JUSTICE Minister Alan Shatter's plan to close 100 garda stations has understandably led to an outcry across the country.
The minister says most of these are only open part-time and that Ireland will, proportionately, still have more police stations than other European countries.
Mr Shatter also claims the closures are not being driven by cost-cutting, but a move to make the gardai more effective by freeing them up to do more frontline policing. It is argued community policing will not be diminished, with a new patrolling system bridging the gap.
However, the rationale of the minister is difficult for many to accept – particularly in rural Ireland, which has been increasingly abandoned the deeper the recession gets.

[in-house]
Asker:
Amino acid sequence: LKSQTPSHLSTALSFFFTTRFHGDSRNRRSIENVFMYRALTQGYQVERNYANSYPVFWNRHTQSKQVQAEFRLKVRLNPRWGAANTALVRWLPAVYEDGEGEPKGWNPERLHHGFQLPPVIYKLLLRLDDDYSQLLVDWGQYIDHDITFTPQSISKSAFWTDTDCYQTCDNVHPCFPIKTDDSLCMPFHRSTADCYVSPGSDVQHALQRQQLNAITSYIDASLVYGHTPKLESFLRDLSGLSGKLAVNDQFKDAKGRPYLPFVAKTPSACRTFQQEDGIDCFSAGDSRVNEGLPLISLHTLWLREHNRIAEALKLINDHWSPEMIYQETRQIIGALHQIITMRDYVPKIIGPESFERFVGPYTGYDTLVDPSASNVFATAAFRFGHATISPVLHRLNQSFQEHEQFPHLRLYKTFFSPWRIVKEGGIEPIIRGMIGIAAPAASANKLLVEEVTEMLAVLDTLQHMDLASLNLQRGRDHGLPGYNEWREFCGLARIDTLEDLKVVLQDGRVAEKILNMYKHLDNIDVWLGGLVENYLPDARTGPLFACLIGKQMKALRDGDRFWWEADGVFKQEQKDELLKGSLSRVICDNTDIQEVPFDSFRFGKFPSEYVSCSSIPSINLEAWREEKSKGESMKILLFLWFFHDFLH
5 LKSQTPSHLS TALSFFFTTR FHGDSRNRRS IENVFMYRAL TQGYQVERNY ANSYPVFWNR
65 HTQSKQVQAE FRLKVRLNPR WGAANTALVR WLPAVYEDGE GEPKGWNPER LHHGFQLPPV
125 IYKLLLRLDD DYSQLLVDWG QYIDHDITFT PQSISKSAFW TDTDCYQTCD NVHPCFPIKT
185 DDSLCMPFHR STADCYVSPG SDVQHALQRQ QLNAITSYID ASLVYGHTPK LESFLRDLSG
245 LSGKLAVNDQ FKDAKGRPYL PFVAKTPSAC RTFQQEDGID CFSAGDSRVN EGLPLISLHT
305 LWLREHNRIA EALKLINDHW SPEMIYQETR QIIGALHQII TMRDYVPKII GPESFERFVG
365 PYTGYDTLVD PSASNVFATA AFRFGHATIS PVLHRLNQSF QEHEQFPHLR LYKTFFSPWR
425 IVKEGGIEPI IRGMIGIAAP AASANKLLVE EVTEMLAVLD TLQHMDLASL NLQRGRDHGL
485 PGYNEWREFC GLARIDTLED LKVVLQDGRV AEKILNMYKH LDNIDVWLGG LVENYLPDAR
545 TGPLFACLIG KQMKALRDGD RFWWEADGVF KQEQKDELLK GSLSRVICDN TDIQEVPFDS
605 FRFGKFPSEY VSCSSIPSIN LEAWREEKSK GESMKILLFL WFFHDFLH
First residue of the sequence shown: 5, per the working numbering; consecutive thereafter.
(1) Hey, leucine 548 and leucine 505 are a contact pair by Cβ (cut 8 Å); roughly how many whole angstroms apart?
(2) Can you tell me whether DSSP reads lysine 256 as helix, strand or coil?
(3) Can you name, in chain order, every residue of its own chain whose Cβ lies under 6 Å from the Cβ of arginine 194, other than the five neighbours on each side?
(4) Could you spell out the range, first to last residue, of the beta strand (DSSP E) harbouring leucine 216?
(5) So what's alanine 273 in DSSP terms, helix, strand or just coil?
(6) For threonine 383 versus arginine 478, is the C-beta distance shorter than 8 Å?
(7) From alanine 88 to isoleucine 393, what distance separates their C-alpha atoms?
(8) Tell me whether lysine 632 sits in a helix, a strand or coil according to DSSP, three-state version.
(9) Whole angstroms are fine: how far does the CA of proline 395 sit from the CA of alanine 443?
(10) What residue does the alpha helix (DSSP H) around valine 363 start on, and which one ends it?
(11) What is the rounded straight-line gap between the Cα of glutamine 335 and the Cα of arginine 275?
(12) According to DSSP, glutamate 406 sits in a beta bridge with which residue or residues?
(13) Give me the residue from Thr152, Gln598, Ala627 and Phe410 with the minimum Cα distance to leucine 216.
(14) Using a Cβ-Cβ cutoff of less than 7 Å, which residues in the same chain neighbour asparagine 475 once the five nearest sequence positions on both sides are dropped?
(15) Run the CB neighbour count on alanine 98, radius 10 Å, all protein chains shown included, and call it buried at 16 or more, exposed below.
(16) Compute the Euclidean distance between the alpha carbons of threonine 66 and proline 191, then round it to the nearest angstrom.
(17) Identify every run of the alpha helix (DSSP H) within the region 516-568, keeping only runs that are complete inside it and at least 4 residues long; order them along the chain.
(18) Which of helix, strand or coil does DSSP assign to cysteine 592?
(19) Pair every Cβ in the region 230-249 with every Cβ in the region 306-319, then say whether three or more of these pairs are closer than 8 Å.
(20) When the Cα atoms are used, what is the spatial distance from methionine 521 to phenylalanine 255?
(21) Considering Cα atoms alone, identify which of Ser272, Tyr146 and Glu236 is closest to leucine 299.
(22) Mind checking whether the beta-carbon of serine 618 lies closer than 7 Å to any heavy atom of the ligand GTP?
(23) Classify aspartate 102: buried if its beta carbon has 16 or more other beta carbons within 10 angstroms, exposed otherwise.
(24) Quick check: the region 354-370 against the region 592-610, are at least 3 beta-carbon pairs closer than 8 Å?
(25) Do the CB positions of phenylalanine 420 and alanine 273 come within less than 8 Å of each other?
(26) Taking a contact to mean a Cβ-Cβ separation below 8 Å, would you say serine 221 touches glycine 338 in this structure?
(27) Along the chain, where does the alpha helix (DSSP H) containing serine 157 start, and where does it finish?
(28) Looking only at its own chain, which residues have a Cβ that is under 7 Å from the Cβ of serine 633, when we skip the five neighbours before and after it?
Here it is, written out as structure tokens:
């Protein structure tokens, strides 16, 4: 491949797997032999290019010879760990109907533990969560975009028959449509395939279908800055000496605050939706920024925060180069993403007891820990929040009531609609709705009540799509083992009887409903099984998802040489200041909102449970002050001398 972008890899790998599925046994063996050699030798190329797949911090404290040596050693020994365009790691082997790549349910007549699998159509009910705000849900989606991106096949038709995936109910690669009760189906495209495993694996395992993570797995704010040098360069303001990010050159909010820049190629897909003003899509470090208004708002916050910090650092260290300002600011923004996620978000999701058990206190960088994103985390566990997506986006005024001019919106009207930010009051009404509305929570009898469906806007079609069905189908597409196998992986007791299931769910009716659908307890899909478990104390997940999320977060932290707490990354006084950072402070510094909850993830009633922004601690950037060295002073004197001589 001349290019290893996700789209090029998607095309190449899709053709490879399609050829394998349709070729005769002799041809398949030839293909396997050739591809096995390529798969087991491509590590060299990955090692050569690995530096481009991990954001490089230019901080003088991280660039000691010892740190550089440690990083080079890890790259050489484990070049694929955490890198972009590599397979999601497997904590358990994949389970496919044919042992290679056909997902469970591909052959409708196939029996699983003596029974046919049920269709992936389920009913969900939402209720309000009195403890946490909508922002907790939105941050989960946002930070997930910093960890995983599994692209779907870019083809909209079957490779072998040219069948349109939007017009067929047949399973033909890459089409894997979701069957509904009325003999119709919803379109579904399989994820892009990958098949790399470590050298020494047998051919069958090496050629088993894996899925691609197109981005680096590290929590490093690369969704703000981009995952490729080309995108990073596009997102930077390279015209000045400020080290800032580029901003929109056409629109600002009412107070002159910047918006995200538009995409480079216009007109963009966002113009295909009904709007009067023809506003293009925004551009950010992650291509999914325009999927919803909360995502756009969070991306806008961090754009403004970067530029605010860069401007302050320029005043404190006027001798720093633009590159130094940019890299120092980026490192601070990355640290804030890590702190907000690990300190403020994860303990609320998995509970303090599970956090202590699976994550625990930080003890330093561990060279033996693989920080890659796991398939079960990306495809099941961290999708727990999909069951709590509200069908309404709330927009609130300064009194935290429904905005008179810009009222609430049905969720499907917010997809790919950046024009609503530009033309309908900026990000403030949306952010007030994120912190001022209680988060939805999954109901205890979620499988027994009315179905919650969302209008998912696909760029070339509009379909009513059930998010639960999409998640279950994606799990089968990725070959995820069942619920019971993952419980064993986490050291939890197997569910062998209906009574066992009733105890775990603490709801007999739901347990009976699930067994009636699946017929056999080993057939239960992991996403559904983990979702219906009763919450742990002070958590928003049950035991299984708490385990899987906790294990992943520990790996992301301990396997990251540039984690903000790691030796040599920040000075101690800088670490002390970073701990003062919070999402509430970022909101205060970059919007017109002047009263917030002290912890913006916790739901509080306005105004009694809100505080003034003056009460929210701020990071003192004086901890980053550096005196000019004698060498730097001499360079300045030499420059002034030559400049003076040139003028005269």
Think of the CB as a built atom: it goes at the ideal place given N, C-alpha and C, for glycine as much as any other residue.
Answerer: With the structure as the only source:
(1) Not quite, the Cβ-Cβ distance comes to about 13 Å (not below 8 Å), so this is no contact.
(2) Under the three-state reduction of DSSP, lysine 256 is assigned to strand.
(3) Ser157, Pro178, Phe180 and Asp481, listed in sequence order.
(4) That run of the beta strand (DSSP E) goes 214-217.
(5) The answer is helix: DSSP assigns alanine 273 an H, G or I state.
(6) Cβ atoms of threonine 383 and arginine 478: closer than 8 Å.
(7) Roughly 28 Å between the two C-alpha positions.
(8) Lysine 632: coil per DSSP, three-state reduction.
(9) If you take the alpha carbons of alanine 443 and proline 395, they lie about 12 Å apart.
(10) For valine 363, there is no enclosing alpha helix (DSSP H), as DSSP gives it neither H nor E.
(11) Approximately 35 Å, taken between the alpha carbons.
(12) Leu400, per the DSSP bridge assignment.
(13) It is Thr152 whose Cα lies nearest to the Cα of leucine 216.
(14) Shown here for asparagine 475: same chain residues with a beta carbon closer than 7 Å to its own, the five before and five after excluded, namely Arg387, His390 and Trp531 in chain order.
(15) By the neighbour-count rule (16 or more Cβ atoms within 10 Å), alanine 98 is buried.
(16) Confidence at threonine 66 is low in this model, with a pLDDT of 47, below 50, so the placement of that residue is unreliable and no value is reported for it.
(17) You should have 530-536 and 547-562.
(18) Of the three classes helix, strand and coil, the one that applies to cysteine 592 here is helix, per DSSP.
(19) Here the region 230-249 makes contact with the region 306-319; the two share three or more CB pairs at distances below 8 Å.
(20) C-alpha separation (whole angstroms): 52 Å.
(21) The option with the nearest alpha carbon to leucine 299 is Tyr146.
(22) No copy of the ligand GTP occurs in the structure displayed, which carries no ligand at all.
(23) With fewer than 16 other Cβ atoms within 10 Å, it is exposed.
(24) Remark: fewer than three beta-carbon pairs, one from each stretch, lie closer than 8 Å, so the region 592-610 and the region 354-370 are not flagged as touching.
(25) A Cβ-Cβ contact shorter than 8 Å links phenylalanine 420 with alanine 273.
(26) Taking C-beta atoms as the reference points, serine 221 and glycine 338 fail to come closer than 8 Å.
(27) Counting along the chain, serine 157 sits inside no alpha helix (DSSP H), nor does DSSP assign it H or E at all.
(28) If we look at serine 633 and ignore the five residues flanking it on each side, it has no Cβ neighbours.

Many communities have watched in horror as their local services have been eroded. Banks, post offices, pubs and corner shops have disappeared from provincial towns and villages with alarming frequency.
Now, the loss of the local garda station will come as another hammer blow.
People want to feel safe in their community and they want to know they can drop into a station and talk to their local garda. The loss of this service is a backwards step.
Many of the stations being closed are in areas with little crime, but there is more to the work of a garda than catching criminals. Much of what they do goes unseen. Intervening to calm disputes, steering children away from crime and checking on elderly people are just some examples.
But under the new "response" model, these sort of interventions are much less likely to happen and the bond between the force and the community will loosen.